Yet another natural disaster has struck part of Japan, continuing a summer of chaos that has seen the country weather deadly floods, typhoons, earthquakes, landslides and heatwaves.
At least seven people were killed when a magnitude-6.6 quake, measured by the United States Geological Survey, struck the northern island of Hokkaido early Thursday, causing landslides which buried a large number of homes at the foot of a ridge.
More than 150 people were injured by the quake, mostly in Sapporo, said Kazuya Isaki, an official with the Crisis Management Office of Hokkaido Prefecture Government. Dozens of people are missing in Atsuma, near the epicenter of the quake, where four of the deaths occurred.
Public broadcaster NHK reported that flights and public transport across the region had been brought to a standstill.
Nearly 3 million households lost power, according to the Hokkaido Electric Power Company. Officials said a main power station lost operations, affecting other sites. Independently owned power generators were assisting.
"The electric supply was stopped to Tomari nuclear plant, but it can operate without external electric supply for one week," Chief Cabinet Secretary Yoshihide Suga said.
Risk of aftershocks
The powerful quake lasted almost a minute, jolting residents from their beds and collapsing roads.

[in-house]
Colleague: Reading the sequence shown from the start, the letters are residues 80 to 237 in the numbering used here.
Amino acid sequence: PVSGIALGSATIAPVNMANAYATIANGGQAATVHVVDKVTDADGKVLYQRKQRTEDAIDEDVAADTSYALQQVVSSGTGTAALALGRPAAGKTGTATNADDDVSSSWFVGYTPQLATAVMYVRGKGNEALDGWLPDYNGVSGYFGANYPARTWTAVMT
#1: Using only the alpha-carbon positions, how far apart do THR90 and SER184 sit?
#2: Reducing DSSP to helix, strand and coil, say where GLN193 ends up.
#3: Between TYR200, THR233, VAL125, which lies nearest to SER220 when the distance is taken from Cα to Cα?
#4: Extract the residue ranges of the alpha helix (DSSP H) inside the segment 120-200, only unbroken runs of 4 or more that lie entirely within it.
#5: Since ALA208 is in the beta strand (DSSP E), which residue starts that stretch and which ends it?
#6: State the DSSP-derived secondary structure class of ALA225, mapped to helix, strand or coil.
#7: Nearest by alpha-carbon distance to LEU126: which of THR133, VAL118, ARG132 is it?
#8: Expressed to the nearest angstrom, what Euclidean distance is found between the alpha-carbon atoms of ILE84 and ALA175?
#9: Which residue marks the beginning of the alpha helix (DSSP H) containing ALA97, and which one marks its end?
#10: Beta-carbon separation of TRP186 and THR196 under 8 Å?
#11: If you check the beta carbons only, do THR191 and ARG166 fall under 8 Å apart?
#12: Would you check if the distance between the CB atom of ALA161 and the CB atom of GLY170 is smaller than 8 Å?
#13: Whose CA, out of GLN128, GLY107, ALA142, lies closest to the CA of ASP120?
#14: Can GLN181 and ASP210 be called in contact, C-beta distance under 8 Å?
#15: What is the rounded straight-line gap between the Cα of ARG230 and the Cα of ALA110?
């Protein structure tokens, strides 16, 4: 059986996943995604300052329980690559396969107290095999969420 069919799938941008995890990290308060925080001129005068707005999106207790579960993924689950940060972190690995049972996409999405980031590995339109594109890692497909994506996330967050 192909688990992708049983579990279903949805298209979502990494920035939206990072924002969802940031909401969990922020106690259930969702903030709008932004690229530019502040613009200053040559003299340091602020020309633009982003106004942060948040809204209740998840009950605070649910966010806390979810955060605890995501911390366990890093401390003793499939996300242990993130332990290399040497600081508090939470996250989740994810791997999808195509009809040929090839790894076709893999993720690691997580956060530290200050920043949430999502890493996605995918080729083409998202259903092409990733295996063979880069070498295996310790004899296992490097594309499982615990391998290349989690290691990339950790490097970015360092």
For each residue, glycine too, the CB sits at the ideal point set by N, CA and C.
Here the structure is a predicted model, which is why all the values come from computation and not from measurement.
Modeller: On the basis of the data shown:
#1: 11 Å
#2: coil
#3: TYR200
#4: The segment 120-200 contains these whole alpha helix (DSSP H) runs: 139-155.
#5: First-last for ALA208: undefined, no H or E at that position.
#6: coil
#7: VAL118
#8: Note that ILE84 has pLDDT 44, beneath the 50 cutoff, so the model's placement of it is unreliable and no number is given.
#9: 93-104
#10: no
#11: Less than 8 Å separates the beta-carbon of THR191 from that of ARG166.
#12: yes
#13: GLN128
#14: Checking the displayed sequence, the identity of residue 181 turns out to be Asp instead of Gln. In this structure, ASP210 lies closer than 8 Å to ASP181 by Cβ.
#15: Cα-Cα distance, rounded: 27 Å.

Near the epicenter, landslides wiped out houses in the tiny town of Atsuma, home to 40 residents. Officials said multiple people were still missing hours after the initial quake.
Photos from Sapporo, Hokkaido's main city on the western part of the island, showed huge cracks in the street and subsided houses.
More than 4,000 defense force soldiers have been deployed to help with rescue operations, Prime Minister Shinzo Abe said, and that number could rise to 25,000 if needed.
Helicopter rescue crews were also dispatched and have airlifted around a dozen people to safety. Evacuation shelters have been set up in many towns and cities around the region.
Aftershocks were continuing Thursday morning, and could pose a risk for the next week, according to the Japan Meteorological Agency, which warned residents of the increased risk that buildings could collapse near the epicenter of the original quake.
Thursday's earthquake comes as much of Japan is still dealing with the effects of Typhoon Jebi, the strongest such storm to hit the Japanese mainland in 25 years.
High winds smashed a tanker into a bridge, forced one of the country's largest airports to close and left at least 10 people dead.
On Japan's main island of Honshu, nine cities and towns issued compulsory evacuation orders. A further 53 issued non-compulsory evacuation orders.
Before it made landfall, the storm had sustained winds of 140 kilometers per hour (87 mph) and gusts of 165 kmh (102 mph), the equivalent of a Category 1 Atlantic hurricane.